This comes in stark contrast with the 72% of educational institutions that believe students are ready for their new jobs. The gap between the skills businesses need and those available among the workforce might be a direct result of this mismatch. Universities have different agendas compared to businesses, but it could be in everyone’s interest for them to align more closely.

6. Among businesses that work with universities, 76% offer internships and co-ops

In addition, 36% offer training programs. In the next 3 years, 10% of organizations that don’t already offer internships or co-ops will do so and 12% of organizations plan to offer training programs for recent college graduates. Internships have been wildly popular for some time, and the growth in similar programs is not surprising despite some public setbacks.

7. Meanwhile only 39% of respondents have their own employees teach classes or seminars

Internships, training programs, apprenticeships, teaching and mentoring are all examples of more direct involvement with colleges and universities. They tend to be less common approaches compared to indirect involvement–advertisements in student media, sending recruiters to campuses, participating in career fairs. But sometimes the direct approach is the best approach.

8. 84% of apprenticeships and training programs were considered effective at sourcing quality hires

Internships and co-ops, and employee mentors for students also ranked high on the list. Some of the less effective methods businesses use in partnership with colleges and universities include having tables at career fairs and placing ads in student media. Based on the survey, businesses agreed that more direct, practical engagement with students led to more quality hires.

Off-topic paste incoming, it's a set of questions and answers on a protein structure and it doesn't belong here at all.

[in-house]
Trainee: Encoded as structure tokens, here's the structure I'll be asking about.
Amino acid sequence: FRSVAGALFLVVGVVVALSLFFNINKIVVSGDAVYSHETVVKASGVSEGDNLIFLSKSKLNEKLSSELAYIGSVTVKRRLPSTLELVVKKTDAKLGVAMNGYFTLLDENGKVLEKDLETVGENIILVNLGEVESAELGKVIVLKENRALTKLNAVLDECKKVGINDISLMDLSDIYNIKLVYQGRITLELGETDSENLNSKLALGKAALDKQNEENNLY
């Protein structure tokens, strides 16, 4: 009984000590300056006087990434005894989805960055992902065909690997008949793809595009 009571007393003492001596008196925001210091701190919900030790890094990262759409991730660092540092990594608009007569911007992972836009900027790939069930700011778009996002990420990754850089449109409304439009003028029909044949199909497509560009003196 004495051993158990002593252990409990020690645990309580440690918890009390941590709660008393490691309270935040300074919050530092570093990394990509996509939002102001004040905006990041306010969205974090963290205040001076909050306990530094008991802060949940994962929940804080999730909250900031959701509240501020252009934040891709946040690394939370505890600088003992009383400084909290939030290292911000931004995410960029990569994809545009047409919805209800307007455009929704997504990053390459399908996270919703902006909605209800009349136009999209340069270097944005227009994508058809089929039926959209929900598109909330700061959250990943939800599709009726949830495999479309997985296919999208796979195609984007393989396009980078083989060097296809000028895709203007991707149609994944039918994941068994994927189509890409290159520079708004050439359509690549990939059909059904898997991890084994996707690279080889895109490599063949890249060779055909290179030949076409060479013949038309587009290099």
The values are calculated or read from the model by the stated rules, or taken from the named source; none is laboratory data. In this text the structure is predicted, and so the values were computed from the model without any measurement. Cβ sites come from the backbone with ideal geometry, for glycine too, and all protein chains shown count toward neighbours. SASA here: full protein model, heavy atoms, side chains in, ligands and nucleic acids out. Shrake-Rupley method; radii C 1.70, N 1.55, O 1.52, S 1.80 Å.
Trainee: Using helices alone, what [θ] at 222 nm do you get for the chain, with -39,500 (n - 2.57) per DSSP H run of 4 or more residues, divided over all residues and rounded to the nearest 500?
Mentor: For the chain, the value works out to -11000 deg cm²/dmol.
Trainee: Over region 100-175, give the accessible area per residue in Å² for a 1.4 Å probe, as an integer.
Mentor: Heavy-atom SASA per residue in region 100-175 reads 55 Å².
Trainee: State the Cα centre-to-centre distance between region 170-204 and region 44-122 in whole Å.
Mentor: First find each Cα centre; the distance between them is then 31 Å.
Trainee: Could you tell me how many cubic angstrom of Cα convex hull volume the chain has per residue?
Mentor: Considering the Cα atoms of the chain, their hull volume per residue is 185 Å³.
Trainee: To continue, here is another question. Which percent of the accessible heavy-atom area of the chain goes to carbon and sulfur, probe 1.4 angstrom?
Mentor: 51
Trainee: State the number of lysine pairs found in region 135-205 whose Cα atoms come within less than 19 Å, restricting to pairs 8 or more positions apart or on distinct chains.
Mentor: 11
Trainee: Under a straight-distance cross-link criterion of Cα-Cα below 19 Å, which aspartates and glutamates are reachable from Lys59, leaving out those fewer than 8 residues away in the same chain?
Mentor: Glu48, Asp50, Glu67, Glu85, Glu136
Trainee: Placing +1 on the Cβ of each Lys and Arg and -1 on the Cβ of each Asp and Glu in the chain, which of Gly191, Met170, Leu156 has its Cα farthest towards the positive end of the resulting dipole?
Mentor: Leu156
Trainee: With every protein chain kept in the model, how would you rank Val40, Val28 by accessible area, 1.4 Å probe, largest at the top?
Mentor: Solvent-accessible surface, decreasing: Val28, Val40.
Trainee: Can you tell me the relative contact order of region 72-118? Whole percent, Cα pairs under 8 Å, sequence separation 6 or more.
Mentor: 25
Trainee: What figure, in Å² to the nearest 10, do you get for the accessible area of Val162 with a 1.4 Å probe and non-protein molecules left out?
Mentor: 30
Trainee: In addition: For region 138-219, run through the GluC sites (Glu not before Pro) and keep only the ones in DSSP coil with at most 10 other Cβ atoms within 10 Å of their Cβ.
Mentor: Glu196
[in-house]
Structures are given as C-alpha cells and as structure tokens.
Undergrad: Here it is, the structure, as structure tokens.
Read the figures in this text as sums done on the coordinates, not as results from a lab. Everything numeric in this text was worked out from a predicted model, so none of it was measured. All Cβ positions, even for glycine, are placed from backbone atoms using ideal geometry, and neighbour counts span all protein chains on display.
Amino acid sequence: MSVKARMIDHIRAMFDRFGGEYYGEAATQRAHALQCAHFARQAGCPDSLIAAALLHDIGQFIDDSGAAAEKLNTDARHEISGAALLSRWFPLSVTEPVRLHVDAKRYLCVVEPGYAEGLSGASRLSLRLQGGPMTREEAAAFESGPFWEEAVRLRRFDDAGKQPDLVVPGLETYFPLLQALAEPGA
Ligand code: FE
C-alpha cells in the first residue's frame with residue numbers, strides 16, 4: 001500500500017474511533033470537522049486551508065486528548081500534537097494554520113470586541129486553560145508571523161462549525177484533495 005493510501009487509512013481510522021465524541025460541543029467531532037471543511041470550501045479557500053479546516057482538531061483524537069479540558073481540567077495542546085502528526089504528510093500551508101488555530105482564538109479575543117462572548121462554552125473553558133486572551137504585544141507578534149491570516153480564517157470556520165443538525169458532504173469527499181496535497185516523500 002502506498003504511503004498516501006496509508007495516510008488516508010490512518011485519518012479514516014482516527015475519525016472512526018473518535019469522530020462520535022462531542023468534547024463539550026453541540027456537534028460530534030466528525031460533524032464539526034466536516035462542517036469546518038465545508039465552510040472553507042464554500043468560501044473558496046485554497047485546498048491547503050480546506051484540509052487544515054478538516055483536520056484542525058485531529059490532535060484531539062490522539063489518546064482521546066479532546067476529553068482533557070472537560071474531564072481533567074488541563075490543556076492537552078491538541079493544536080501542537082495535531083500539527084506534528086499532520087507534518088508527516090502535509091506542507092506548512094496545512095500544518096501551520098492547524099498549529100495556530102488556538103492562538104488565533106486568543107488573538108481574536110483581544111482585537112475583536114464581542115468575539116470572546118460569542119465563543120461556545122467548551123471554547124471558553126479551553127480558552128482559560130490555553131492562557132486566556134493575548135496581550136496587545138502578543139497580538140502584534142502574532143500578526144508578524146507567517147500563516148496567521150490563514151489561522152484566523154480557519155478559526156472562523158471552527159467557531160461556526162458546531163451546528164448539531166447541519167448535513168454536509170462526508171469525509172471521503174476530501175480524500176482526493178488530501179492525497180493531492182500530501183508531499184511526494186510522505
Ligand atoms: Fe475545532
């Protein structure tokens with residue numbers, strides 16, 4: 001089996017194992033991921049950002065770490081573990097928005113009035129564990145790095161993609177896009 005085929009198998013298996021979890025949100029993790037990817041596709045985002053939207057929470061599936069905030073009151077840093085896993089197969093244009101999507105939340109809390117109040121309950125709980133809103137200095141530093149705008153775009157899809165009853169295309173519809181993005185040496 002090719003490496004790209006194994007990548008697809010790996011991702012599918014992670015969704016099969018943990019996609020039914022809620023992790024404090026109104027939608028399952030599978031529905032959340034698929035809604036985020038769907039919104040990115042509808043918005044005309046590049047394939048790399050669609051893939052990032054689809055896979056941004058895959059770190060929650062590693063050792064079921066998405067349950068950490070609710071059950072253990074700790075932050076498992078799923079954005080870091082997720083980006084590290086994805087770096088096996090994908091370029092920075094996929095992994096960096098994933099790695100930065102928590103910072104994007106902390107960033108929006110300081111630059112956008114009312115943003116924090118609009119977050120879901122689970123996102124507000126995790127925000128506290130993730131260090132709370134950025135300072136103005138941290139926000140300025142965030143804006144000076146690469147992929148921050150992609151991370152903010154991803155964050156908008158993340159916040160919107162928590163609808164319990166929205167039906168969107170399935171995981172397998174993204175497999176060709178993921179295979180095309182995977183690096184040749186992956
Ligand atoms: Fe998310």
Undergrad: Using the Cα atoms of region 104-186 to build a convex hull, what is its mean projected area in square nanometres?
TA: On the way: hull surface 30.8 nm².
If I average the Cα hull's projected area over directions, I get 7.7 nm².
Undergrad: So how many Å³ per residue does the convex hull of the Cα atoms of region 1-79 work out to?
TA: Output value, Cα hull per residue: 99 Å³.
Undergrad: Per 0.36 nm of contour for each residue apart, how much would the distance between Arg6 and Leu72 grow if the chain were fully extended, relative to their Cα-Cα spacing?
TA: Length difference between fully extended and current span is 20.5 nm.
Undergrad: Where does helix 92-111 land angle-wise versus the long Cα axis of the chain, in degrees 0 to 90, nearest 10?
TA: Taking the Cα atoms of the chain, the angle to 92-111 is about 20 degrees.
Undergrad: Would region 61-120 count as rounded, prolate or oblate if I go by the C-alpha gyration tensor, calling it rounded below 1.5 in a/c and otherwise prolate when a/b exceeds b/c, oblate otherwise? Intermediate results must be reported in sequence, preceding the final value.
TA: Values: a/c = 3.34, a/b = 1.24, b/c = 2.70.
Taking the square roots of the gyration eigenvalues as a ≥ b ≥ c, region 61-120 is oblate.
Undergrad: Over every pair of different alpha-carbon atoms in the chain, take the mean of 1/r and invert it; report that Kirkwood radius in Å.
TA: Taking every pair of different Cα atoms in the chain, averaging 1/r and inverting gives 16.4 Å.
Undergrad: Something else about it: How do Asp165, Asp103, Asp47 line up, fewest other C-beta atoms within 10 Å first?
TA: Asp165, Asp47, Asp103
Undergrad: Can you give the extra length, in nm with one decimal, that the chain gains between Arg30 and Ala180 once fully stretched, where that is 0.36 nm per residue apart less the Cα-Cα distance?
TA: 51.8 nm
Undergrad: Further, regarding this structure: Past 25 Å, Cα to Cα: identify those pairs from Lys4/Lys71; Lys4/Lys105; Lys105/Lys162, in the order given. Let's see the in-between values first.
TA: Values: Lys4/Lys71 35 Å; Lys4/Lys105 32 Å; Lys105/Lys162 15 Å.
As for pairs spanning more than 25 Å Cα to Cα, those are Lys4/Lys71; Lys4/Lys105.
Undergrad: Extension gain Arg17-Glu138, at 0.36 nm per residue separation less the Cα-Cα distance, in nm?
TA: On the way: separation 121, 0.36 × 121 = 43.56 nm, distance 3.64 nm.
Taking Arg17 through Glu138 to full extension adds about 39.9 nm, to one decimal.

9. When it comes to outreach, 89% feel they make students aware of the skills and degrees they need

Another 79% build awareness of their employment brand at colleges and universities even when they don’t have positions to fill. Companies think they’re doing a good job of getting the word out, and raising their profile among students. But this doesn’t seem to impact the widening skills gap the same respondents highlighted earlier.

10. 63% of organizations surveyed admit a lack of resources is the biggest challenge they face

When recruiting from higher education, a lack of a clear university recruitment strategy, and lack of collective vision among the organization and educational institutions also ranked high. Other hurdles include a lack of senior support, which would undoubtedly compound the problems of limited resources and unclear strategies.

While some results from the survey may look bleak, there are many opportunities for action among the numbers. If companies feel new, young workers aren’t well prepared for their jobs, and don’t have the skills required to thrive at the business, they would do well to work more directly with universities.

Their educational counterparts seem to think they’re doing their part, and it’s up to recruiters and senior leaders to develop actionable partnerships that can bridge that gap. Mentoring programs, guest lectures, more robust internship programs can all benefit businesses and students alike. As companies try to attract skilled workers, they are most successful when they leverage connections with higher education in more direct ways.

One aspect of recruitment marketing is job alerts and nurture campaigns. Check out our new eBook, “The Role of Job Alerts in a Modern Recruitment Marketing Strategy,” to learn more.